UPDATED: Board of Ed Debates Tuition Reimbursement
Members disagree on how district should pursue the issue of non-resident students.
8/31 Update from the South Orange-Maplewood School District: Since the July residency report, 21 of the removed students and 7 of the siblings have proven residency and re-enrolled, according to a memo the district released today. The memo is attached as a PDF to this article.
The remaining 8 families will not be re-enrolled until they can prove their residency.
"We expect to know by October 15 whether any of these families will prove residency," said district communications director Suzanne Turner. That is the state deadline for schools to report a "snapshot" of enrollment numbers.
South Orange-Maplewood Board of Education members continue to be concerned about students attending their schools who live out of district – but they can’t seem to agree on how to remedy the situation.
At Monday’s school board meeting, members held a lengthy discussion on whether it was cost-effective to pursue students who live out of district, and whether it was ethical to seek tuition payments from parents who may not be able to afford them.
“It does not make any sense to me that we would ever collect enough money from students who are here who might live in another town to offset taxpayer burden,” said Board Member Andrea Wren-Hardin, chair of the facilities committee. The main problem, she said, is that “students throughout the state are not receiving a thorough and efficient education. That’s what this is about.”
Some board members said students from other towns – whose parents believe they are receiving a substandard education – enroll in local schools.
“If students in Irvington or Newark…were receiving the education that they needed and deserved to have, their parents would not be enrolling them in the South Orange/Maplewood School District,” Wren-Hardin said. She also said she didn’t want to “punish” children or families who “do not have money in the bank" to pay tuition.
Last year, one of the ways the district tried to confirm residency was to conduct a re-registration of tenth graders. In July, the district reported that out of the 497 students in the 10th grade, five withdrew, five lost their hearings, and another 29 did not comply with the re-registration. Another 11 siblings of the students were not registered. Those 29 students and their 11 siblings were removed by board resolution for failing to reregister. Osborne deemed the reregistration a success.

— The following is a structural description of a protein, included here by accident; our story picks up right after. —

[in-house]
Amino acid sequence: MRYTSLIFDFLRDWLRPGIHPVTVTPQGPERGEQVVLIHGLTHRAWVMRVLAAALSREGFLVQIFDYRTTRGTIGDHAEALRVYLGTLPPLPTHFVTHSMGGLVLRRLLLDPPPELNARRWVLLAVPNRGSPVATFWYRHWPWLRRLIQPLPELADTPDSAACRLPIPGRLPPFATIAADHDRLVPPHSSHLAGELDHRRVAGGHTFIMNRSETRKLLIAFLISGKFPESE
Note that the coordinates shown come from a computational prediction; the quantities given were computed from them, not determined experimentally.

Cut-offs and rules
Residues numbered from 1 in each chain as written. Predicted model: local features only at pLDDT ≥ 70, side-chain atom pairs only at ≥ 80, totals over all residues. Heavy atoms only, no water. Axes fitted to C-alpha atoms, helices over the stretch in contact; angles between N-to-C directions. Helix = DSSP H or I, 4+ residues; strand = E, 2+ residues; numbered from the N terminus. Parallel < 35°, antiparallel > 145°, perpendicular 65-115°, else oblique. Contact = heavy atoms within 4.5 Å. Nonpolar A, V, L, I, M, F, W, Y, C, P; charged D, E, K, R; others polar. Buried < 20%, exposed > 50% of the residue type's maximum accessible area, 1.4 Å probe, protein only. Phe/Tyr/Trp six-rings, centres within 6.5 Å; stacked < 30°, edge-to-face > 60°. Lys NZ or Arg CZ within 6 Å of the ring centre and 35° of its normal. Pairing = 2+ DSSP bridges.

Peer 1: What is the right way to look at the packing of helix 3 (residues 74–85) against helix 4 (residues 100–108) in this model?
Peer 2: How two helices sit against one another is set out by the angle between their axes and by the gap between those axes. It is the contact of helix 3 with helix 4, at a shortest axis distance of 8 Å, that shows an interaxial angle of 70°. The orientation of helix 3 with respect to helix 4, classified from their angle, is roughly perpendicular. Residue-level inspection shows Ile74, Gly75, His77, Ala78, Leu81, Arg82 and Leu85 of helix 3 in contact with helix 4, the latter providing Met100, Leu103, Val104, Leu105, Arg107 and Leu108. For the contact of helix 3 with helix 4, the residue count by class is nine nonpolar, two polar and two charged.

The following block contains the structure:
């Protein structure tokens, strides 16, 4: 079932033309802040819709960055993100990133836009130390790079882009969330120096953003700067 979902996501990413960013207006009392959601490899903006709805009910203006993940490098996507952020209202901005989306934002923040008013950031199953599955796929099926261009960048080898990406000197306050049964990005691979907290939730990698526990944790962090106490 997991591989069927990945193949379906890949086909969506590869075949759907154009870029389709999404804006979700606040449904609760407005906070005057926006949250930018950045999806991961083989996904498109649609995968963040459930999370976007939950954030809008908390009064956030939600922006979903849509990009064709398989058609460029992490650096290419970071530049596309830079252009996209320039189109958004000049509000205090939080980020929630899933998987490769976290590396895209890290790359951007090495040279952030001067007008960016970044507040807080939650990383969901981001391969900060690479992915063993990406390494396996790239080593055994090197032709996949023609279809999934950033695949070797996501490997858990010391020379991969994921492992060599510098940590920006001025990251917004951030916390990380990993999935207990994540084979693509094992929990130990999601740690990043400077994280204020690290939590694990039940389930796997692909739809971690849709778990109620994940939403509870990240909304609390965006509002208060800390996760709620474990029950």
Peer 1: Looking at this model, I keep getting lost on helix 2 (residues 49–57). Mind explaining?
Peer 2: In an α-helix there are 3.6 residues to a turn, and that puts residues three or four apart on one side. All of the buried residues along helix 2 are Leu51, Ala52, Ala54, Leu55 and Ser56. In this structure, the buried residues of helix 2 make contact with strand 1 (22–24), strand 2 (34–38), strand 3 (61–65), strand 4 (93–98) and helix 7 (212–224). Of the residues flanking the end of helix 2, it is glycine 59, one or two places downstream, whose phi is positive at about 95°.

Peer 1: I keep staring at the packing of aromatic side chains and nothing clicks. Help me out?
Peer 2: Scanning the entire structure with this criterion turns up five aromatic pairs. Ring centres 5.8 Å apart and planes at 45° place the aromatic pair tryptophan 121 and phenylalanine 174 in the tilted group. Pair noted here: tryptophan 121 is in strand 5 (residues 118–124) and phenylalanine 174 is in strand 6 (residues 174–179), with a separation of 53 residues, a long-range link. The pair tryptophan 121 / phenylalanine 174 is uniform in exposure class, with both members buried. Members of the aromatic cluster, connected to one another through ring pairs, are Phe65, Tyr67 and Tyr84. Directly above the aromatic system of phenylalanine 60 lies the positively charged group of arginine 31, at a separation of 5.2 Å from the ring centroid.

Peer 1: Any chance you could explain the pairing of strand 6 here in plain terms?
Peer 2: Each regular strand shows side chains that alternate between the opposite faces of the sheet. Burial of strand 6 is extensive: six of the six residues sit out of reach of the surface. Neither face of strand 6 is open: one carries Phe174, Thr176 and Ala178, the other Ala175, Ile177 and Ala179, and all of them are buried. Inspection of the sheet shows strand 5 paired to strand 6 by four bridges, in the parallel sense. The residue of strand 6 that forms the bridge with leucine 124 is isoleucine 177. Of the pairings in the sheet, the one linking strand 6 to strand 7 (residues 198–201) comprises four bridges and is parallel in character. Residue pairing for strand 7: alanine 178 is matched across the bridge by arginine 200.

On Monday night, Wren-Hardin reported that among a board committee’s goals for the new year were to: continue targeted re-registration, collaborate with South Orange and Maplewood municipalities to deter residency violations, and pursue tuition reimbursement where fiscally prudent. There was no concensus on these goals.
Wren-Hardin said she supports continuing re-registration efforts and working with municipalities, but, she said, "I can’t further kick someone when they’re already down.” She also cautioned that is is "misguided" to focus on re-registration at the expense of focusing on the achievement gap.
But Board Member Lynne Crawford responded, “How many of the students involved in the achievement gap are students that don’t belong in the district?” She noted that in her nine years on the board the district had removed between 100-300 students from the rolls, with each student accounting for a minimum of $10,000 in tuition to the district.
“How much time is spent on students coming from districts where they haven’t gotten the proper education, so our teachers now have to spend time working with those students to increase their reading levels, at the expense of our children, for the $27,000 in taxes that we’re paying,” said Crawford. “I’m sorry, but I just don’t agree with you.”
Crawford said, “We’ve got to go after the landlords who are allowing (people) to commit the fraud and we have to go after parents who are committing the fraud by bringing their children here and registering them at our expense.”
"I don’t want anyone in any way to think I’m starting a campaign to have students in other districts come to SOM, that’s not my point," Wren-Hardin clarified. She noted that the district would continue to use the tips hotline, residency hearings, cooperation with other towns and re-registration.
Board member David Giles voiced concern about student privacy issues and creating an adversarial relationship between district employees and families. Wayne Eastman, who chairs the Finance & Technology Committee, said the policy was "legitimate" and that it is the right decision "as a matter of politics, practicality and ethics to cooperate with towns."
"Let's make sure we are doing everything that is legitimately in our power (although) student privacy is paramount," said Board president Beth Daugherty. She noted that pursuing tuition reimbursement could be a deterrent "to send a message of 'don't try to get away with it to begin with.'"
Board member Jeffrey Bennett noted that other districts, including Montclair, pursue tuition reimbursement. Board member Bill Gaudelli suggested the district explore reimbursement from the state "for its legal and ethical obligation for these students."
At the end of the discussion, the board decided not to change the language of the goals until a final vote at next month's meeting.